Sleep Deprivation in an Ultramarathon: How to Prepare

Sleep Deprivation

If you have been wondering how to prepare for sleep deprivation in an ultramarathon, look no further.  This blog will give you tips on what you can do before, during, and after an ultramarathon to deal with sleep deprivation.

Sleep.  It is crucial for proper recovery and performance in ultra-endurance sports.  For that matter, sleep is important for recovery and performance in every sport.  If you have ever run an ultramarathon, crewed an ultramarathon, or even volunteered at an ultramarathon, you know that sleep deprivation is just par for the course for longer distance races.  Typically, ultras of 100 miles or more involve running through at least one night.  In the famous Ultra-Trail du Mont-Blanc (UTMB), most finishers run through two nights before completing the course before the cutoff time of 46 hours 30 minutes.  There are even ultramarathons that are over 200 miles, which often require running through several nights.  According to Martin et al. (2018), poor sleep habits and/or inadequate (or lack of) appropriate sleep strategies before a race can potentially exacerbate the amount of fatigue experienced and increase the risk of injury, hallucinations, and failure to finish the race.

If you plan to run in any of these types of races, you need to prepare in advance to ensure you have done some research on strategies to cope with sleep deprivation.  Lucky for you, we’ve researched this topic and compiled some useful information and tips for you.  We will talk about both science and popular opinion.  As always, this is not really a one-size-fits-all topic.  Some people seem to deal with sleep deprivation better than others (LUCKY!!!)  Our goal here is to give you the information and tailor it to your personal needs.  Let’s get into it.

Why Sleep Matters

When we sleep, our bodies go into recovery mode.  Sleep allows muscle tissue time to recover between bouts of exercise.  Getting enough shut-eye after exercising also ensures that your energy levels are restored so you can do it all over the next day.  In fact, it has been said that sleep quality and quantity are two important things to incorporate into your recovery strategy for optimal athletic performance (Halson, 2008).  The National Sleep Foundation (Hirshkowitz et al., 2015) recommends that adults get seven to nine hours of sleep as a general guideline.  Interestingly, the average working adult only averages less than six hours per night (CDC, 2012).

What Sleep Deprivation in an UItramarathon Can DoSleep Deprivation in an ultramarathon

Short-Term Sleep Deprivation

There are several side effects that you might experience if you don’t get enough sleep.  These short-term side effects include fatigue, mental fog, and irritability.  In terms of overall health, one or two nights of not getting enough sleep probably won’t have major long-term effects.  During a race or event, short-term sleep deprivation is expected.  Being a little sleep-deprived is necessary if you want to perform optimally and finish faster.  The nasty side-effects of sleep deprivation become more apparent when you are chronically sleep-deprived.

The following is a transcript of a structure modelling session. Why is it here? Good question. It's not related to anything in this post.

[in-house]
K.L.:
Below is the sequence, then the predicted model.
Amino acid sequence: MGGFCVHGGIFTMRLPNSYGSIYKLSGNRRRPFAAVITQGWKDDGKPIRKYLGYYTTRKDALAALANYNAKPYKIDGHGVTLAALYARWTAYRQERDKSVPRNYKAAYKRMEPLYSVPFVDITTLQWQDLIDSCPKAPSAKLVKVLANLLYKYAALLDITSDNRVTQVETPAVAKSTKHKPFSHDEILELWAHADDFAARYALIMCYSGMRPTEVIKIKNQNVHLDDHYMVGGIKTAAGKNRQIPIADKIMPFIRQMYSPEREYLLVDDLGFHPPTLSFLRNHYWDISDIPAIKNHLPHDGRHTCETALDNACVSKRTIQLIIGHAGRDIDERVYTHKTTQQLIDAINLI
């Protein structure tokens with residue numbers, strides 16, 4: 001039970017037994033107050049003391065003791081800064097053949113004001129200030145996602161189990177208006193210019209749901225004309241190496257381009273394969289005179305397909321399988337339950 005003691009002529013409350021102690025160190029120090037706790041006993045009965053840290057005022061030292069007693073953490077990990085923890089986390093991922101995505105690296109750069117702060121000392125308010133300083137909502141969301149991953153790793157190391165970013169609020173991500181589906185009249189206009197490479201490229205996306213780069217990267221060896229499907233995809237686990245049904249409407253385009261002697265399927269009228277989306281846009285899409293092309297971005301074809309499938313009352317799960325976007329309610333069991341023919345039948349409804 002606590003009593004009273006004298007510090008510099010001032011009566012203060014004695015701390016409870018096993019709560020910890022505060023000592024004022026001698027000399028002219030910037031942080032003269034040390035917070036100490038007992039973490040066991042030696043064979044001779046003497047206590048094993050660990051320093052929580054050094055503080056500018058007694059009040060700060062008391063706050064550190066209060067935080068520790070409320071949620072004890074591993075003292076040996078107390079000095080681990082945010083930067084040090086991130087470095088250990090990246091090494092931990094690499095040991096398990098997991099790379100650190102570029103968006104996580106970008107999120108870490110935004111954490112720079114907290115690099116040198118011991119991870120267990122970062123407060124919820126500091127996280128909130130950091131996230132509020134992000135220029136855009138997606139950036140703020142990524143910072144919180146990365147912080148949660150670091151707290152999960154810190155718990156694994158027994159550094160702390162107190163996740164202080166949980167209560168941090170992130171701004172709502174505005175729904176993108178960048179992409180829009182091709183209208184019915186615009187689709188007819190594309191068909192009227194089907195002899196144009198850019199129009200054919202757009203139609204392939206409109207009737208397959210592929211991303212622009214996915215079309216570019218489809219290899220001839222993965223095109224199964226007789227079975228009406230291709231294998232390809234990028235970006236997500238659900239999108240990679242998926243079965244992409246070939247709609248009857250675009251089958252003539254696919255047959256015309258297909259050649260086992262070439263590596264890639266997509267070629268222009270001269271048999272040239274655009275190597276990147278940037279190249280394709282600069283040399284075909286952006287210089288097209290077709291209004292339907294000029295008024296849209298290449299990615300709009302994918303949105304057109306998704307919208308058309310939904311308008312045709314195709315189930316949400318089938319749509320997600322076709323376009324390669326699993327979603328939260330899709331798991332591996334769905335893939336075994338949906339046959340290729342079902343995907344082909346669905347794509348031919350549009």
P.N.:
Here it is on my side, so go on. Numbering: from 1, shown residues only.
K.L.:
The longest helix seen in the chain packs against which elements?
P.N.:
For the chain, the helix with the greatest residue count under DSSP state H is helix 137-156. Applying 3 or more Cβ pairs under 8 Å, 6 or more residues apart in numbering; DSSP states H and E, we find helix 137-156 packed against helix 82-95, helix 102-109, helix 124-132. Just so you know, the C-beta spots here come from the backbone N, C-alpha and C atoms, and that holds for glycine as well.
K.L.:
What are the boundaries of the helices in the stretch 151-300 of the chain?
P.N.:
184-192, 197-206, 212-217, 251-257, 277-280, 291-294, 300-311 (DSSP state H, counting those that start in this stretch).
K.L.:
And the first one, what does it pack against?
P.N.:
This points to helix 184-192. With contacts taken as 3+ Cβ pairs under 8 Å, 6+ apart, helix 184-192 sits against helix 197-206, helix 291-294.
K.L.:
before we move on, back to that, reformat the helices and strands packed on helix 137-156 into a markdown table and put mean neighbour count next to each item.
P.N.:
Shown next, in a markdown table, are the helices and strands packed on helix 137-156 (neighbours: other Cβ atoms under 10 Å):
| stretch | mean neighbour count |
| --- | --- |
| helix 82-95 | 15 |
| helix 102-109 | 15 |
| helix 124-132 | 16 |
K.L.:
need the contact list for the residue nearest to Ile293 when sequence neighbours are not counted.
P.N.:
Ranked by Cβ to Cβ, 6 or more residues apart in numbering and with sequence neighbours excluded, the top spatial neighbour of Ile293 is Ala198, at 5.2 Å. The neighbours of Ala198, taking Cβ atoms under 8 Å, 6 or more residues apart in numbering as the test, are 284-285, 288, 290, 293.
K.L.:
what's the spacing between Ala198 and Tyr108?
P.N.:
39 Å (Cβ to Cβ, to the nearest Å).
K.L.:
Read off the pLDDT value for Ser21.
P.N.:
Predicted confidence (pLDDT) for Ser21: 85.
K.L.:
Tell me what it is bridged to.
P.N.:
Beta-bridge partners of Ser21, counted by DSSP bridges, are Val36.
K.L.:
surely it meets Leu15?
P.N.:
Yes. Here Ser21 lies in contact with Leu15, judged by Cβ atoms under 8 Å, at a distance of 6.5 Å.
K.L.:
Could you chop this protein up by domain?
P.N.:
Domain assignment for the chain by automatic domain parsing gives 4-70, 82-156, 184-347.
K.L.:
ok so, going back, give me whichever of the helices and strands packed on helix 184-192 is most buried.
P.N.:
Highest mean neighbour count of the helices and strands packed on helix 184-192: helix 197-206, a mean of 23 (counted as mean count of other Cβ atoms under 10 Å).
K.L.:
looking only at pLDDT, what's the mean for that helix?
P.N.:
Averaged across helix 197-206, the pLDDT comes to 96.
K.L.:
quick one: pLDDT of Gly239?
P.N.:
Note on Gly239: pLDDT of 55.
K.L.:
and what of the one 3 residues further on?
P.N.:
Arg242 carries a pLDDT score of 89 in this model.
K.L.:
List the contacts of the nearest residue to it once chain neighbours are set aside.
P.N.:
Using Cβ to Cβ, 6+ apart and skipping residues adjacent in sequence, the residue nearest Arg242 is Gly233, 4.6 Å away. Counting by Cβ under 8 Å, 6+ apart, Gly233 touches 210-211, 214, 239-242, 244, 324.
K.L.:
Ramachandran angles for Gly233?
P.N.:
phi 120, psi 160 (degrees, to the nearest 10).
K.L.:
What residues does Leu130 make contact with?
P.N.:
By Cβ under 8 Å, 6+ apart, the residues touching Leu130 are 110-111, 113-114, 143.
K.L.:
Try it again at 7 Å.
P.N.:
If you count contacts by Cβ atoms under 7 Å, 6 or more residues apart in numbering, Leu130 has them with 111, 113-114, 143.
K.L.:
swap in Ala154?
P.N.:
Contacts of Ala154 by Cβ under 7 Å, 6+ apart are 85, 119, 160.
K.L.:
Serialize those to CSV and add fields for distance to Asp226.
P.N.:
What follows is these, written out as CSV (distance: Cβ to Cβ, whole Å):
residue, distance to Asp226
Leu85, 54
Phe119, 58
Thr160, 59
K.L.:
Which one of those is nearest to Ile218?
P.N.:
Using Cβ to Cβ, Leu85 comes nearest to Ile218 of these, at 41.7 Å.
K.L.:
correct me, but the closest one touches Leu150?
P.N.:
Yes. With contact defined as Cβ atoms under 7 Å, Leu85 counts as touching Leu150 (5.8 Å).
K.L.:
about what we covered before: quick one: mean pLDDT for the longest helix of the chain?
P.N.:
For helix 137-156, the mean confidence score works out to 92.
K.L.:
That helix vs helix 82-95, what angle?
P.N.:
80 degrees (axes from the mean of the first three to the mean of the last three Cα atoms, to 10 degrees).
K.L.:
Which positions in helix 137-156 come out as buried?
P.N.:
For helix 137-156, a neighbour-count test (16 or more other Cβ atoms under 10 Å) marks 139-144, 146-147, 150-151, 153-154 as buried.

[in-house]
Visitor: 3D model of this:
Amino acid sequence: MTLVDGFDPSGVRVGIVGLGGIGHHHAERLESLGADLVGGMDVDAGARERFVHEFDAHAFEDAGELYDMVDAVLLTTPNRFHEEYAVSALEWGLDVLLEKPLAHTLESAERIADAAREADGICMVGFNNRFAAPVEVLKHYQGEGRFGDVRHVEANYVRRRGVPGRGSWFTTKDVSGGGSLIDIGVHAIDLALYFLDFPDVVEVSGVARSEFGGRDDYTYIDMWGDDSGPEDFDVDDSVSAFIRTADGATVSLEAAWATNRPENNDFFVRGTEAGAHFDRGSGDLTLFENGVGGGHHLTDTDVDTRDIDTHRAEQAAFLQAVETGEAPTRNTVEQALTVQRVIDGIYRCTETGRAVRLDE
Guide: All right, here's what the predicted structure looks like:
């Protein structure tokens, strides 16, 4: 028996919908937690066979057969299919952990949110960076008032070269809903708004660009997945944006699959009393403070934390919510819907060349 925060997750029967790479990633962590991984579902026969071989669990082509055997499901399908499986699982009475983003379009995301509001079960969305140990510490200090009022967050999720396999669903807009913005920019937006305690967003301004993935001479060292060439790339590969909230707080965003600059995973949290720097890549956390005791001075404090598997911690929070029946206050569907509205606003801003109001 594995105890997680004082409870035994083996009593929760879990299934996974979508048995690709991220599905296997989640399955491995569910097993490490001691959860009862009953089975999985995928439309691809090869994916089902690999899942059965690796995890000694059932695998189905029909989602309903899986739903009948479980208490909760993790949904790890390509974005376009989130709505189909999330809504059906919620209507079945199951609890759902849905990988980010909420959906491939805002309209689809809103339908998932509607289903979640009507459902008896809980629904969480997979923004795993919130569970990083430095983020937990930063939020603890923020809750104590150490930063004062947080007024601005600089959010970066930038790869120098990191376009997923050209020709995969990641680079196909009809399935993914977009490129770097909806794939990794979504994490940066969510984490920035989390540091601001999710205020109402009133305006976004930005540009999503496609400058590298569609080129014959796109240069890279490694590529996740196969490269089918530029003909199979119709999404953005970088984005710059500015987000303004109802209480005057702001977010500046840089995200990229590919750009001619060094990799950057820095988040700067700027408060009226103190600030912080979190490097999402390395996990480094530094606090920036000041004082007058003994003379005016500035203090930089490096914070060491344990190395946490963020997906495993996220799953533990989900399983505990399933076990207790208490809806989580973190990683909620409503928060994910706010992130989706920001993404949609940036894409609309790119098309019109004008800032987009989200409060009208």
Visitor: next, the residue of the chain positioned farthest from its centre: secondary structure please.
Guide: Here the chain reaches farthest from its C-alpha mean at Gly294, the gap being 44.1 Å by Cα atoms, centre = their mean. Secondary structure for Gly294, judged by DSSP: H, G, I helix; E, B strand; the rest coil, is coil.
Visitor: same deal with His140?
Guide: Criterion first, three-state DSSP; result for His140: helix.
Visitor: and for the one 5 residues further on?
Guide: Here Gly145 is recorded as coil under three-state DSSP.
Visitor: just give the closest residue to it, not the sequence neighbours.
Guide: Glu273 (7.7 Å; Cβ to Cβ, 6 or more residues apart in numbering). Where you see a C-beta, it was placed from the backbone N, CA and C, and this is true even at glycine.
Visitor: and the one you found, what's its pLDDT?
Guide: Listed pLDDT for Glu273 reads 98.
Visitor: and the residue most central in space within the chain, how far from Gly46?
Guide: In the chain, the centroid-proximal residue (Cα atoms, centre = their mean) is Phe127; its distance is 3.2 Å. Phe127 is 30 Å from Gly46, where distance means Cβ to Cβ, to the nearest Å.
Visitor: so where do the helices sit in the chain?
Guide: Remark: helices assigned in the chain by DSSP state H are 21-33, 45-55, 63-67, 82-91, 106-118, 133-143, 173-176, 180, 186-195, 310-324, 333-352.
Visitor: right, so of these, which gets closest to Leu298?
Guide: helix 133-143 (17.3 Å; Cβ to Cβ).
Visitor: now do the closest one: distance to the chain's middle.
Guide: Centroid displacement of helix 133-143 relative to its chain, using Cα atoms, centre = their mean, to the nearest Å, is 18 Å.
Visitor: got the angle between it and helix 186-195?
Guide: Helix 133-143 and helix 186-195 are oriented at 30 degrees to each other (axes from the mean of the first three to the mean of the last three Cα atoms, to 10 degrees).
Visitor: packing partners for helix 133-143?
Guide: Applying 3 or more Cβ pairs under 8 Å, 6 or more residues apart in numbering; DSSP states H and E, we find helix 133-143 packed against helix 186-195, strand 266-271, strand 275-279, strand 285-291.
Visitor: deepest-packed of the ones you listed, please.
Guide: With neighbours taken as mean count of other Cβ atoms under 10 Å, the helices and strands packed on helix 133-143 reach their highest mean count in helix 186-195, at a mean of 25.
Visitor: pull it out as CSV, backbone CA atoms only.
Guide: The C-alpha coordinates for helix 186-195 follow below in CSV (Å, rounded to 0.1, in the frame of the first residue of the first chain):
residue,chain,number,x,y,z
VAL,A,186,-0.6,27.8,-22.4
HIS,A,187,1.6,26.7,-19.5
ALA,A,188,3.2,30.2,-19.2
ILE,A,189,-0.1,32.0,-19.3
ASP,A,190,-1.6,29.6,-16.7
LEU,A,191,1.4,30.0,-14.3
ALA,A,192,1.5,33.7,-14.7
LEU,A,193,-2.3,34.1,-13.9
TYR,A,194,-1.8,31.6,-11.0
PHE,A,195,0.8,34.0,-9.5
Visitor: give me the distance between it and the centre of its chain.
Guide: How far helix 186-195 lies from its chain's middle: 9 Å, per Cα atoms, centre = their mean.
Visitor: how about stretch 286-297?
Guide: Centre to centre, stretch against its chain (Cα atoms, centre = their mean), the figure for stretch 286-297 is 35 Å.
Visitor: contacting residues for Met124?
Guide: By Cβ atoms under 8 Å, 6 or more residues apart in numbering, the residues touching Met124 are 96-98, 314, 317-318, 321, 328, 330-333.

Chronic Sleep Deprivation

The effects are much more severe when you regularly don’t get enough sleep.  Chronic lack of sleep can lead to serious medical conditions like diabetes, high blood pressure, heart disease, and shortened life expectancy.

There are also side effects that are directly related to performance.  They can be separated into two categories: acute and chronic.  These can include

  1. Poor Muscle Recovery
    • This is actually affected by both acute and chronic sleep deprivation.  If you do not sleep enough after a workout, your muscles will not recover properly.  Obviously, this issue compounds over time, with worsening consequences.  Long-term sleep deprivation can lead to inflammation and articular and muscular damage (Chennaoui et al., 2014).  These can directly affect your ability to perform.  Noticeable symptoms could be an increased rate of perceived exertion (how hard you have to work) and decreased heat tolerance.
  2. Increased risk of exercise-induced injury (Chennaoui et al., 2014).
  3. Elevated Cortisol
  4. Overtraining Syndrome
  5. Compromised Immune System

In ultra-running and other long-duration events, sleep deprivation is just another part of the race that athletes need to be prepared to deal with.  Below are some steps you can take before, during, and after an event.

What You Can Do Pre-Race to Prepare for Sleep Deprivation in an Ultramarathon

sleep bankingSleep Banking

What on earth is sleep banking?  You can think of it as a cute little piggy bank that you deposit some sleep into to have saved up for a time when you will be sleep-deprived in the future.  Basically, you get extra sleep in the days/weeks leading up to an event where you will be deprived of sleep.  This is done in hopes that you will be less affected by the lack of sleep during your race.  Martin et al. (2018) found that 54.7% of the 636 ultramarathon runners they interviewed employed some form of sleep banking preceding an ultramarathon.  Sleep extension in the form of increasing sleep time at night and daytime napping were the most common strategies.

Here is what the research says on sleep banking:

  • Martin et al. (2018) found that runners who practiced some form of sleep banking in the days and nights leading up to their event finished faster than those who did not.
  • In a similar study, Arnal et al. (2016) found similar results.  In this study, six nights of sleep banking improved time to exhaustion.
  • There have also been studies that show sleep banking before a race can actually help you recover faster after that event (Rupp et al., 2009).

 

Since you should be tapering right before a race, you should have less training time.  This should free up time for you to squeeze in some extra sleep to add to your bank.  You can sleep bank using any of or a combination of the following strategies:

  1. Go to bed earlier
  2. Wake up a little later